Honeybees’ ability to find flowers is being hampered by air pollution, according to new research.

Tests showed even moderate levels of air pollutions break down floral scent chemicals which insect pollinators use to forage for food.

The modified odors confuse bees making it take longer for them to find their favourite plants.

This happens because the chemical interactions reduce both the scent molecules’ life span and the distances they travel.

Professor Jose Fuentes, of Pennsylvania State University, said: “Many insects have nests that are up to 3,000 feet away from their food source, which means scents need to travel long distances before insects can detect them.

“Each insect has a detection threshold for certain kinds of scents and they find food by moving from areas of low concentrations of scents to areas of high concentrations.”

While foraging, insects detect floral scent molecules in the air which can be carried by wind currents to hives thousands of feet away.

Hydrocarbons emitted by plants are broken down by ozone leading to more air pollutants including hydroxyl and nitrate radicals, which creates a vicious circle.

The researchers ran 90,000 computer simulations showing as pollution increases hydrocarbons’ lifetime and travel distance decreases.

For example, at 60 parts per billion ozone levels, which the US Environmental Protection Agency considers a ‘moderate’ level, enough chemical changes took place to thoroughly confuse bees and hinder their ability to identify the plumes of floral scents they needed to locate food.

The scent molecule alpha-pinene, which survives nearly 40 hours in a clean air environment, survived fewer than ten hours when ozone rose to 60 parts per billion and just one hour when it was at 120 parts per billion.

Another molecule, beta-myrcene, which travels more than 3,000 feet in an ozone free, windy environment, travelled an average of 1,500 feet when it was 60 parts per billion and, when it rose to 120 parts per billion, fewer than 1,000 feet.

In an ozone-free environment it took 10 minutes for 20 percent of bees to find the scent molecule beta-caryophyllene. When ozone rose to only 20 parts per billion, it took 180 minutes for the same amount of bees to find the scent. The team found similar results for the six different scent molecules they analysed.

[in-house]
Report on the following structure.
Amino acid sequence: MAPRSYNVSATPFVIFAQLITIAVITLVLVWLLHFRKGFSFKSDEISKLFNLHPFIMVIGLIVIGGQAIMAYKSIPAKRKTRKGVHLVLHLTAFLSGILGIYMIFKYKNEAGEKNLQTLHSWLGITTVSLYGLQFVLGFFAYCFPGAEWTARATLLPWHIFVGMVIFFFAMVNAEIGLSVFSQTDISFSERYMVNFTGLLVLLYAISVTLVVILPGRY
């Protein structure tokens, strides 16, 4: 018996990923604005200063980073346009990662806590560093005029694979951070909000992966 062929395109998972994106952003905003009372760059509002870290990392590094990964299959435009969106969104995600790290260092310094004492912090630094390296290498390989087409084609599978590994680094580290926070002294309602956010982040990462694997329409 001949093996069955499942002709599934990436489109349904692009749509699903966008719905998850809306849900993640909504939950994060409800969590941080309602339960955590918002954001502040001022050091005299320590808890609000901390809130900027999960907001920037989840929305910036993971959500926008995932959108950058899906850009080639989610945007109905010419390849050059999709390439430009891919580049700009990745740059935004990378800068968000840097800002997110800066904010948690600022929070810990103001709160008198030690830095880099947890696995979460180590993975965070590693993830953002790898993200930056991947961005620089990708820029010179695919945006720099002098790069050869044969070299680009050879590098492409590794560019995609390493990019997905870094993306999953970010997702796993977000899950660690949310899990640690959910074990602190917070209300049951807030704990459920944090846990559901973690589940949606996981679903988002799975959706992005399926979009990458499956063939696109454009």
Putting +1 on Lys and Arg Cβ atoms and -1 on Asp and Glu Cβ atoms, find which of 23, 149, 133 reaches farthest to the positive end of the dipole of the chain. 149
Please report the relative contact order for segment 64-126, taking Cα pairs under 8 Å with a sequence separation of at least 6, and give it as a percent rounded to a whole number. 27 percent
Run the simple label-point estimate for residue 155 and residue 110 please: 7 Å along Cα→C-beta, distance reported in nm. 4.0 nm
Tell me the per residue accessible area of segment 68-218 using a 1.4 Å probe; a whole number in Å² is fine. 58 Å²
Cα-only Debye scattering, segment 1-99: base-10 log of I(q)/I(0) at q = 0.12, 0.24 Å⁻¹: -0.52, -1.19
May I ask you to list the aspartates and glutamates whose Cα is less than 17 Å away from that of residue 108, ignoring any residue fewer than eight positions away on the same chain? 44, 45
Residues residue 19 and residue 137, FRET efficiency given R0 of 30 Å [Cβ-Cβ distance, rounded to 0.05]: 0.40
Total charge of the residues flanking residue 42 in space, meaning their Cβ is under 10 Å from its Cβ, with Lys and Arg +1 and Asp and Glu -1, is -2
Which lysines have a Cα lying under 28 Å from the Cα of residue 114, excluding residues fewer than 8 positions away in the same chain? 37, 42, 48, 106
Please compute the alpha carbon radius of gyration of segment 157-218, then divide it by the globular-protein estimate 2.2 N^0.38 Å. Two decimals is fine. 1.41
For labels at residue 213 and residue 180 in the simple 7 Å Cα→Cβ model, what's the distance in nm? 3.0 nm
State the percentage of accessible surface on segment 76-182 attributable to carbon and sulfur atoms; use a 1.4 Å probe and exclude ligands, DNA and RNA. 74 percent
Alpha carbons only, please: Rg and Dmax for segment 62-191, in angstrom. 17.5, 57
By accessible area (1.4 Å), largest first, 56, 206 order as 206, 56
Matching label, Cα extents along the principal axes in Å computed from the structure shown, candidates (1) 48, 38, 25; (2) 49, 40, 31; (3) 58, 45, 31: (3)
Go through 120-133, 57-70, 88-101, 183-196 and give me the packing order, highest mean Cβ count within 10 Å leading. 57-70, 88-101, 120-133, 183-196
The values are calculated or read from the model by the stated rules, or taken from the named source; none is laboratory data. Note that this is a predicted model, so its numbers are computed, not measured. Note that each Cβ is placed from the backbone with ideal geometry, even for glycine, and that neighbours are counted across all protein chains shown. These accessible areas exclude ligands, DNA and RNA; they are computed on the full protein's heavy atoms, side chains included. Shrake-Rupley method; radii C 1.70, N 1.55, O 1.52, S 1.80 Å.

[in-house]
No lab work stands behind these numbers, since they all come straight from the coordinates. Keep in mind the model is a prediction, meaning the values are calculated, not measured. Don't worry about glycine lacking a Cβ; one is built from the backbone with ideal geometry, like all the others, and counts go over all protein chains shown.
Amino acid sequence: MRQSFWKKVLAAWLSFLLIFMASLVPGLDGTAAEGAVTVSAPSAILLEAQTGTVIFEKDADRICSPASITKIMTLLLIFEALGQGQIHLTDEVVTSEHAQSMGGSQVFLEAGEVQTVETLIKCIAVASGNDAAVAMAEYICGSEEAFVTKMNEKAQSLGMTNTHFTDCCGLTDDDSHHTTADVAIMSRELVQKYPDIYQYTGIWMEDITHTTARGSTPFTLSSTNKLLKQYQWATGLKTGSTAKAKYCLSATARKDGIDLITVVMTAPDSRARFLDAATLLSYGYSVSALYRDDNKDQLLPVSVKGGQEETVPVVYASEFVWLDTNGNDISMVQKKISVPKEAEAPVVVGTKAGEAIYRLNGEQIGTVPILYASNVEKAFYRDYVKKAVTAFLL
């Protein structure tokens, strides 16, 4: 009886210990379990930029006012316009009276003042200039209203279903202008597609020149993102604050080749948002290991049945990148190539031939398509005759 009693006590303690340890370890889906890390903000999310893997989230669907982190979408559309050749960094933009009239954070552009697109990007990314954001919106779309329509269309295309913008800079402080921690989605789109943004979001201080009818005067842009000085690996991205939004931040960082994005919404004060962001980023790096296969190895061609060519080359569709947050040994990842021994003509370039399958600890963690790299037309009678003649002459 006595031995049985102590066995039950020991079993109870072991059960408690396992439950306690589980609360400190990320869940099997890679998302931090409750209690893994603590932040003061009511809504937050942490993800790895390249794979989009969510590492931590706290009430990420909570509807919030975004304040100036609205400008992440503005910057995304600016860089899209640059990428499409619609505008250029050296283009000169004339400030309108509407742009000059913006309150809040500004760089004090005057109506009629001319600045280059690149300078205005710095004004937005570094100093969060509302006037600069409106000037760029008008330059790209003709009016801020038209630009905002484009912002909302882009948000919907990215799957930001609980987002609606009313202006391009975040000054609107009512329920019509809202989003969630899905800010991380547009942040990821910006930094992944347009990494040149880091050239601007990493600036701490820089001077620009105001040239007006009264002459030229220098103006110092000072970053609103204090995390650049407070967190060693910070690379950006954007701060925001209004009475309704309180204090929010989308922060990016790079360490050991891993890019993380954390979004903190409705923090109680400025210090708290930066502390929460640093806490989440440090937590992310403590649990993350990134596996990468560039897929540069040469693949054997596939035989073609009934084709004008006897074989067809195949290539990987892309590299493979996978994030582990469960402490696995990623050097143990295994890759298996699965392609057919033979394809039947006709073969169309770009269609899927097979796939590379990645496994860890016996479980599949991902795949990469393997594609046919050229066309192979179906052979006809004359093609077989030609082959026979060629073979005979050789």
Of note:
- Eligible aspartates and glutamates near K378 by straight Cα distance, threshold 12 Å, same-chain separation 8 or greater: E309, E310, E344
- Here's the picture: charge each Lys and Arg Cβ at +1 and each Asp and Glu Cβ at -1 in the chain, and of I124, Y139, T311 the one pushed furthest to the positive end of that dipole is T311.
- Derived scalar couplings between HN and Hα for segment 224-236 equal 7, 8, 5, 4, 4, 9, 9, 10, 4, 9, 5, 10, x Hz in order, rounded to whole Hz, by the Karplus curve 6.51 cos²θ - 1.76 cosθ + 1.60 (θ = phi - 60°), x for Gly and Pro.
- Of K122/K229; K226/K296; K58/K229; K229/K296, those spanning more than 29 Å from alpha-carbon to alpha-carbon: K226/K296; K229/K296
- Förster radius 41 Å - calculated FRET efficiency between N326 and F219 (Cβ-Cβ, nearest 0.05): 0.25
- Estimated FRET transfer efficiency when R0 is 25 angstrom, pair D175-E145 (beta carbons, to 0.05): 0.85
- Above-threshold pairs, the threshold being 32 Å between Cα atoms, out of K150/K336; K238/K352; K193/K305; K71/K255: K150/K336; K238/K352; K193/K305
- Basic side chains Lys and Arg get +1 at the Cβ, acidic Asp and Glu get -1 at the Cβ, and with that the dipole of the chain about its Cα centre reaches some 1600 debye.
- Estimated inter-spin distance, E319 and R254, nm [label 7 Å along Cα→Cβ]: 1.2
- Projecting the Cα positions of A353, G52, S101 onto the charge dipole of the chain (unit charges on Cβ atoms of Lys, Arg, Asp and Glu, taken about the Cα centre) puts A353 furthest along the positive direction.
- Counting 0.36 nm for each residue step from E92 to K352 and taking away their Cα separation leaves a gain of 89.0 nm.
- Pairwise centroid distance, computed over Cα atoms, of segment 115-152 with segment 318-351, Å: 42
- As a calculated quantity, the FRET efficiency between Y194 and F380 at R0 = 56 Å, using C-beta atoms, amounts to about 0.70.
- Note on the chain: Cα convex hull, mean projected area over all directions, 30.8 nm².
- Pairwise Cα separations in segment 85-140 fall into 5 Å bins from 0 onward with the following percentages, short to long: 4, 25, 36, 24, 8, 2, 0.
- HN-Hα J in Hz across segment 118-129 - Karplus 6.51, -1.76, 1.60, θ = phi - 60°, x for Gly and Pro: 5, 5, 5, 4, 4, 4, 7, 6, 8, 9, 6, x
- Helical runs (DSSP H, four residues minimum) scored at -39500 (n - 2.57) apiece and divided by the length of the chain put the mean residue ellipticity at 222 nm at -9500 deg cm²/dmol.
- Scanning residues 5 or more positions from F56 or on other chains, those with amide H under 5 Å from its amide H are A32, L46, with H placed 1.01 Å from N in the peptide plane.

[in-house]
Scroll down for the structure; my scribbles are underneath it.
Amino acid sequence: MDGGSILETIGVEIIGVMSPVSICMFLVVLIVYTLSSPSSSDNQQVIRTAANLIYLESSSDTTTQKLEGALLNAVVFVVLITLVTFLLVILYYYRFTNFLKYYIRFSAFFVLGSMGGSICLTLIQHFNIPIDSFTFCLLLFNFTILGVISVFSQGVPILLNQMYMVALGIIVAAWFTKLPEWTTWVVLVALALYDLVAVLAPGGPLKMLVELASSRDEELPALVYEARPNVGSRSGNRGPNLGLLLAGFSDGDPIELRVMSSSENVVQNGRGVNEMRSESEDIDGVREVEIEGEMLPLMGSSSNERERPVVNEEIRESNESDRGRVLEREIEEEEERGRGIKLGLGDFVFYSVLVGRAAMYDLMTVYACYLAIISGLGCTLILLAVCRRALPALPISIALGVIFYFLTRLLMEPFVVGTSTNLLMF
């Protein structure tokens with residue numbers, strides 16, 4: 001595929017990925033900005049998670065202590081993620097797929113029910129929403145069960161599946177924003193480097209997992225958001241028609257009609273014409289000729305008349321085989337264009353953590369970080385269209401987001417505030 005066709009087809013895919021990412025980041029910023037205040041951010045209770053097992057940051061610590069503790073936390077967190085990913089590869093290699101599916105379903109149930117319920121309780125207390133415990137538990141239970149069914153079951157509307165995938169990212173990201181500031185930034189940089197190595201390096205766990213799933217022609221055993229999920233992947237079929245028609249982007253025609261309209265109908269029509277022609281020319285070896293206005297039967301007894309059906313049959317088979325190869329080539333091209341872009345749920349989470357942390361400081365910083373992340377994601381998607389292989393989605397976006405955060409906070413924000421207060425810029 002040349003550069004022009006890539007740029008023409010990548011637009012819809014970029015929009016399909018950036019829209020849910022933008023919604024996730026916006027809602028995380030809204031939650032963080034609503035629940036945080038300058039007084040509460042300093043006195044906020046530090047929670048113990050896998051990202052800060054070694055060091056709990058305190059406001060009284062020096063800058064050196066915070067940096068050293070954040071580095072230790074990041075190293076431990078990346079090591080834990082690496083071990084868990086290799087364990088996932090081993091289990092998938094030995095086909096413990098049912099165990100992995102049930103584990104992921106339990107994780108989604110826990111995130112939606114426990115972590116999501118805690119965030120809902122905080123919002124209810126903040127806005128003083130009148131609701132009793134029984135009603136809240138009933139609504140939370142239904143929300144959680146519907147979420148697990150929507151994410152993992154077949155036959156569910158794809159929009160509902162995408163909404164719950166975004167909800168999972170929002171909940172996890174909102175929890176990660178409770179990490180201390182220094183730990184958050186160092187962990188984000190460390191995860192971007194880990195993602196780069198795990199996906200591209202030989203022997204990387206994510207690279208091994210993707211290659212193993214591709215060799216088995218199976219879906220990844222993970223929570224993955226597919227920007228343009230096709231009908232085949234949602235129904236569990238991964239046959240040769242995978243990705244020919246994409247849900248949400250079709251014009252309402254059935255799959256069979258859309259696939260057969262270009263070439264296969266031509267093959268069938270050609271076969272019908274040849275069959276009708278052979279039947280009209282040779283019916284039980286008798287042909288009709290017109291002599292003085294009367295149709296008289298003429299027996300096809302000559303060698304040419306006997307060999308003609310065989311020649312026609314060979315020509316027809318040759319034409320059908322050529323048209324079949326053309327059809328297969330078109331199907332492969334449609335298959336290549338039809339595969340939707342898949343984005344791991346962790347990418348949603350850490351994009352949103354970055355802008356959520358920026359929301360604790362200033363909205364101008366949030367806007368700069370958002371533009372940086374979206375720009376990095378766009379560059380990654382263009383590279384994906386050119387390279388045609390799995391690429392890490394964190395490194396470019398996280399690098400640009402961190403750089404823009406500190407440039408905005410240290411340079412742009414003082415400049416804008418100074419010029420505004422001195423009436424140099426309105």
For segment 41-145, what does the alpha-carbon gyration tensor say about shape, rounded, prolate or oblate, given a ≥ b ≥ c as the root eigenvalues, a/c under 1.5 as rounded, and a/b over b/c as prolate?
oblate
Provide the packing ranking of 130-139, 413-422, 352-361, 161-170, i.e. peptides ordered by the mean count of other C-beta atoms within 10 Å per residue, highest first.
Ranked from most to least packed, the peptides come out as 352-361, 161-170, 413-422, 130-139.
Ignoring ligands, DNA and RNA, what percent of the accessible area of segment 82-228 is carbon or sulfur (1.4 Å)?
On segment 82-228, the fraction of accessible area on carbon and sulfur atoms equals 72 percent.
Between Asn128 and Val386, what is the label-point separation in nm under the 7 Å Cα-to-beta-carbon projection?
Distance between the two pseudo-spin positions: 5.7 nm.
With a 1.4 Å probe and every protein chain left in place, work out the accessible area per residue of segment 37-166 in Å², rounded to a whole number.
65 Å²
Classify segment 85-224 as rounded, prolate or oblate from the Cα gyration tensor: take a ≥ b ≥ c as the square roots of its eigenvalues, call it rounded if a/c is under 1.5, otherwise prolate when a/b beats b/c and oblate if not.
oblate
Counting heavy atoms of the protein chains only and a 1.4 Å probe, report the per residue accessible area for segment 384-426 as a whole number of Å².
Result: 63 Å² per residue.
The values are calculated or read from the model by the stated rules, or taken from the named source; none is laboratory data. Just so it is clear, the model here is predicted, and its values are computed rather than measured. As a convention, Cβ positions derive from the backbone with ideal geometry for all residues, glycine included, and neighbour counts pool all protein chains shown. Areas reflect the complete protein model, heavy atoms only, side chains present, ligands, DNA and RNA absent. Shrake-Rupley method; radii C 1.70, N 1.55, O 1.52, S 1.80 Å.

Prof Fuentes said: “We found when we confused the bees’ environment by modifying the gases present in the atmosphere, they spent more time foraging and would bring back less food, which would affect their colonies.

“It is similar to being asked to get a cup of coffee at the nearest cafeteria while you are blindfolded.

“It will be hard to locate the coffee shop without using visual cues. The same could happen to insect pollinators while foraging for food in polluted air masses.”

As the concentration of scents changes drastically in air polluted environments, this could impact important interactions between plants and insects.

Prof Fuentes said it may lead to increases in the population of plants that do not rely on pollinators, and bee declines would lead to decreases in crop yields.

The findings published in Atmospheric Environment highlight air pollution is among many factors influencing the decline of the bee population.

According to research, managed honeybee populations in the US have fallen between 25 and 45 percent a year since 2010, including a 44 percent decline from 2015 to 2016. Britain’s bees are thought to have fallen by a third since 2007.

Added Prof Fuentes: “Honeybees and other pollinators are in trouble almost everywhere, and they pay us a lot of services through their pollination.

“The more we can understand about what factors are affecting their decline in numbers, the more equipped we will be to intervene if needed.”

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